Chahar Province

Coordinates: 43°N 115°E / 43°N 115°E / 43; 115
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Chahar (Mongolian: ᠴᠠᠬᠠᠷ, Чахар; traditional Chinese: 察哈爾; simplified Chinese: 察哈尔; pinyin: Cháhā'ěr), also known as Chaha'er, Chakhar or Qahar, was a province of the Republic of China in existence from 1912 to 1936, mostly covering territory in what is part of Eastern Inner Mongolia. It was named after the Chahar Mongols.

province of the Republic of China
Chahar Province

Capital Changyuan[a]
Total Area 278 957 km²

(107 706 sq mi)

Population 2 150 054
former province of the People's Republic of China
Qahar Province

Capital Zhangjiakou

Administration and history[edit]

Chahar Province is named after the Chahar, a tribal group of the Mongols who live in that area. The area was controlled (in part or fully) by various empires that ruled over China's north including the Han, Tang, Liao, and Jin dynasties. After the unification of the Mongol tribes under Genghis Khan, the area came under Yuan rule. After the Yuan dynasty (1271–1368), the area was a battleground between the Ming dynasty and Northern Yuan. Then the Chahar tribe became the personal appanage of the monarchs of the Northern Yuan dynasty since the reign of Batumongke Dayan Khan (r. 1479–1517). By the Qing dynasty (1644–1912), Chahar was a "Zhangyuan Special Region" (張垣特區), although Yao Xiguang (姚錫光) proposed making Chahar a province as early as 1908.[1][2]

Republic of China era[edit]

In 1913, the second year of the Republic of China, Chahar Special Administrative Region was created as a subdivision of Zhili Province, containing 6 Banners and 11 counties:[3]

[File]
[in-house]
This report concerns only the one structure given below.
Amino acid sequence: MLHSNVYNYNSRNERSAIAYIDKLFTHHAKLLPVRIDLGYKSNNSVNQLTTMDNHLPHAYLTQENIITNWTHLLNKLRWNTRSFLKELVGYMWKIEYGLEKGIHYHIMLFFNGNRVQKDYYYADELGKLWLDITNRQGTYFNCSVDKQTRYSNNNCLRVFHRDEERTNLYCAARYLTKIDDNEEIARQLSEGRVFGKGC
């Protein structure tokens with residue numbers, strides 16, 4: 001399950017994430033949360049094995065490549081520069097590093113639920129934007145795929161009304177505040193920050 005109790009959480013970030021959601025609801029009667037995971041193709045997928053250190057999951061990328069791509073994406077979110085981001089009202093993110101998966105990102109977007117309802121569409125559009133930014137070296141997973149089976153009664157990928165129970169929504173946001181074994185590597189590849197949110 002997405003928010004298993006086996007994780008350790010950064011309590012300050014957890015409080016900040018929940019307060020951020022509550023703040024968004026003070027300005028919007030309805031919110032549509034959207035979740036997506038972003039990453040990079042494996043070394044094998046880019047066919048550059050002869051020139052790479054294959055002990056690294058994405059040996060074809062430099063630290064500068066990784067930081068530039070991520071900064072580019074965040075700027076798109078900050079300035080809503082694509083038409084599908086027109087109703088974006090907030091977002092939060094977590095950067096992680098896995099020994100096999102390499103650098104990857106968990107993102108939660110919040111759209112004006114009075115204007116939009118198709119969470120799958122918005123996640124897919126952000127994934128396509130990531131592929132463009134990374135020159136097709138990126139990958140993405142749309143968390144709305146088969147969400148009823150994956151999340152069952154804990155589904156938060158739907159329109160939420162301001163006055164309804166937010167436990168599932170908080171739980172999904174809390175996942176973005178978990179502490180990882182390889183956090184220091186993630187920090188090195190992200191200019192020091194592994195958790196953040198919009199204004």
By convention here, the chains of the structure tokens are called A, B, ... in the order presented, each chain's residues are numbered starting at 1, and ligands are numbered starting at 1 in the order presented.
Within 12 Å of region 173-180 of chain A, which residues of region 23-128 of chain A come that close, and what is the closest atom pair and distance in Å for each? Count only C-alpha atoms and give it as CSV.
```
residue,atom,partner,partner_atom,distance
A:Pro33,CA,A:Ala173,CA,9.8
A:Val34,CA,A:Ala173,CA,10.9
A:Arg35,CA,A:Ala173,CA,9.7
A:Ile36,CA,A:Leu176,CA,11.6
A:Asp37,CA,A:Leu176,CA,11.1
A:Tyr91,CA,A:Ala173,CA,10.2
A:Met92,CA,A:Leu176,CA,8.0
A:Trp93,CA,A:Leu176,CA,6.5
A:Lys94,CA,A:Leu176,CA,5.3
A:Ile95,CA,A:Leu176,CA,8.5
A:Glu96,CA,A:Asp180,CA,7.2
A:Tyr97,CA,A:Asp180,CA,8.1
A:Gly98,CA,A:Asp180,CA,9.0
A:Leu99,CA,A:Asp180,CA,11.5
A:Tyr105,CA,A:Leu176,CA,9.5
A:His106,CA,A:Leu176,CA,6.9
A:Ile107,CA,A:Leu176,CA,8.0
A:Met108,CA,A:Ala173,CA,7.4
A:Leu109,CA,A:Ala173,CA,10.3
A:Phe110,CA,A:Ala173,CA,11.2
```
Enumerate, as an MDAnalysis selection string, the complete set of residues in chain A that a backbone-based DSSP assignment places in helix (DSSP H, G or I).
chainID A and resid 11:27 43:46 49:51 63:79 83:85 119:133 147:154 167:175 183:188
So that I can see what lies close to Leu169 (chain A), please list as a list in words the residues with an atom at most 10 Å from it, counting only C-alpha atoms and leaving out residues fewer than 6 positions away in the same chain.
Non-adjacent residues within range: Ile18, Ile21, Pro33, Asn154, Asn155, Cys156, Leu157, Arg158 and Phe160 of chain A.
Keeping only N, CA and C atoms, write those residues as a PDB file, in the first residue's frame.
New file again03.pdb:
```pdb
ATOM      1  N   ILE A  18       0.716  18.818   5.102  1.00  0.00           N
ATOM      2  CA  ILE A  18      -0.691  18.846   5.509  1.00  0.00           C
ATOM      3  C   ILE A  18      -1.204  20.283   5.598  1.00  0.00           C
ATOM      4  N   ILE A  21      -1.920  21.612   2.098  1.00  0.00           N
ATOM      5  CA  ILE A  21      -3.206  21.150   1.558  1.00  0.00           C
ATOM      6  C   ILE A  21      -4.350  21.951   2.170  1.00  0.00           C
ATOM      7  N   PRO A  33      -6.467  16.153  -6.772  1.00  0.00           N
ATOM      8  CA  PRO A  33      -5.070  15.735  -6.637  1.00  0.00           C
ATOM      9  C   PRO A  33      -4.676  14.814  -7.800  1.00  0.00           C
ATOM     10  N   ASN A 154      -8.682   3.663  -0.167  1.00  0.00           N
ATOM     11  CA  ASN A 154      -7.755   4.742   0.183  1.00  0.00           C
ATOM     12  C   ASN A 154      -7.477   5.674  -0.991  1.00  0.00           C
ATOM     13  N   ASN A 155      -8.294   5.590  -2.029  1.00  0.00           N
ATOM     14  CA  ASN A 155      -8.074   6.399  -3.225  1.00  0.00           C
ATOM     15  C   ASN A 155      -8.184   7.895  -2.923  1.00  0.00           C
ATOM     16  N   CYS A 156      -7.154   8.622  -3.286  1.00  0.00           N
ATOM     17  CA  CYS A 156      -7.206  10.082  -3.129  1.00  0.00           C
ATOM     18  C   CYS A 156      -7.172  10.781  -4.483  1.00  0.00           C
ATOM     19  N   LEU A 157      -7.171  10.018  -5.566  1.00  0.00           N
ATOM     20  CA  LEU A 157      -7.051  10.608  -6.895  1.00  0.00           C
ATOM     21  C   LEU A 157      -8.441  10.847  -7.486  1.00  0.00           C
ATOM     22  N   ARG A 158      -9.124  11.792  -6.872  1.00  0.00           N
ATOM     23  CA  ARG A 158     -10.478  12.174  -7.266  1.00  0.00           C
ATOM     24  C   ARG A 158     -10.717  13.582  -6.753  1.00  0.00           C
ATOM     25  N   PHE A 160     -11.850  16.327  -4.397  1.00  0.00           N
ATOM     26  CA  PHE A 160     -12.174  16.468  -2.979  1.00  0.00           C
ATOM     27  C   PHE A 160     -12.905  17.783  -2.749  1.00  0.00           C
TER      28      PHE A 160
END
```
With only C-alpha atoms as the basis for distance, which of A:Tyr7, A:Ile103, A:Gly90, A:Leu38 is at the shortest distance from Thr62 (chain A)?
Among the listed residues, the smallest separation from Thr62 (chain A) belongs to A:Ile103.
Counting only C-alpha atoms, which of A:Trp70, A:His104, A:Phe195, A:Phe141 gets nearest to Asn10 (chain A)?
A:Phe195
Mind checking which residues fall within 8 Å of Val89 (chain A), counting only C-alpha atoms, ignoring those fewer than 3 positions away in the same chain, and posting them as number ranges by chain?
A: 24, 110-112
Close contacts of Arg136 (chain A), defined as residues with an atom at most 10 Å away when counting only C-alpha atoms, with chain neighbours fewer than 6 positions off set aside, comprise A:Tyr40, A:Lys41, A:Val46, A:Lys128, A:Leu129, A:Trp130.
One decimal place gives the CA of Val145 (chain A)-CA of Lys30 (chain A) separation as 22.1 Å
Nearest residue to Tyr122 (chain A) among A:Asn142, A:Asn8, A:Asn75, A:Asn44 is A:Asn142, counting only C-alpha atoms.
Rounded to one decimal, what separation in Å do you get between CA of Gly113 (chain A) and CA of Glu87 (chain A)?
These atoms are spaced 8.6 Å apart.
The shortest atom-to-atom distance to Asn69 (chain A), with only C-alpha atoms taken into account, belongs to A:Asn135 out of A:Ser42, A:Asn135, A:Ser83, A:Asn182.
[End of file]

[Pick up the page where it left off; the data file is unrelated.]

• Zhāngbèi (張北)
  • Duōlún (多倫)
  • Gǔyuán (沽源)
  • Shāngdū (商都)
  • Bǎochāng (寶昌)
  • Kāngbǎo (康保)
  • Xīnghé (興和)
  • Táolín (陶林)
  • Jíníng (集寧)
  • Fēngzhèn (豐鎮)
  • Liángchéng (涼城)

In 1928, it became a province. The last five counties on the above list (starting from Xinghe) were partitioned to Suiyuan province. And ten counties were included from Xuanhua Subprefecture (宣化府), Koubei Circuit (口北道), Hebei Province:[3]

  • Xuānhuà (宣化)
  • Chìchéng (赤城)
  • Wànquán (萬全)
  • Huáilái (懷來)
  • Yù (蔚)
  • Yángyuán (陽原)
  • Lóngguān (龍關)
  • Yánqìng (延慶)
  • Huái'ān (懷安)
  • Zhuōlù (涿鹿)

All banners belong to the Shilingol League (ᠰᠢᠯᠢ ᠶᠢᠨᠭᠣᠤᠯ, 锡林郭勒盟).

From 1937 to 1945, it was occupied by Japan and made a part of Mengjiang, a Japanese-controlled region led by Mongol Prince Demchugdongrub of the Shilingol Alliance. The Chahar People's Anti-Japanese Army Alliance (察哈爾民眾抗日同盟軍) was established in Kalgan on May 26, 1933 by Feng Yuxiang (馮玉祥) and Ji Hongchang (吉鴻昌).


In 1952, six years after becoming communist, the province was abolished and divided into parts of Inner Mongolia, Beijing Municipality and Hebei.

Name Administrative Seat Simplified Chinese Hanyu Pinyin Subdivisions
Zhangjiakou Zhangjiakou 张家口市 Zhāngjiākǒu Shì none
Datong Datong 大同市 Dàtóng Shì none
Yanbei Division Datong County 雁北专区 Yànběi Zhuānqū 13 counties
Qanan Division Xuanhua County 察南专区 Chánán Zhuānqū 11 counties
Qabei Division Zhangbei County 察北专区 Cháběi Zhuānqū 9 counties


Chahar Province was divided north-south by the Great Wall, with North Chahar being the larger in area and South Chahar, with the capital, Zhangjiakou, being far larger in population. It had an area of 278.957 km2 (107.706 sq mi). In North Chahar most of the land was part of the northeastern extension of the Gobi Desert.


See also[edit]


  1. ^ Zhangjiakou Subprefecture (Chinese: 張家口廳; pinyin: Zhāngjiākǒu Tīng), also known as the Zhang Capital (Chinese: 張垣; pinyin: Zhāng Yuán), and referred in some older Western literature as Kalgan (Хаалга: Mongolian for gate). Now Zhangjiakou City, Hebei.


  1. ^ Yao, Xiguang (1908), 籌蒙芻議 [A Humble Suggestion on Planning of Mongolia], OCLC 32634034
  2. ^ Facsimile reprinted in 1965 in Taipei by Wen-Hai Press OCLC 24615818
  3. ^ a b Aberle, David Friend; Vreeland, Herbert Harold (1957). Chahar and Dagor Mongol Bureaucratic Administration: 1912–1945 (2nd ed.). New Haven, Connecticut: HRAF Press. OCLC 7421313

43°N 115°E / 43°N 115°E / 43; 115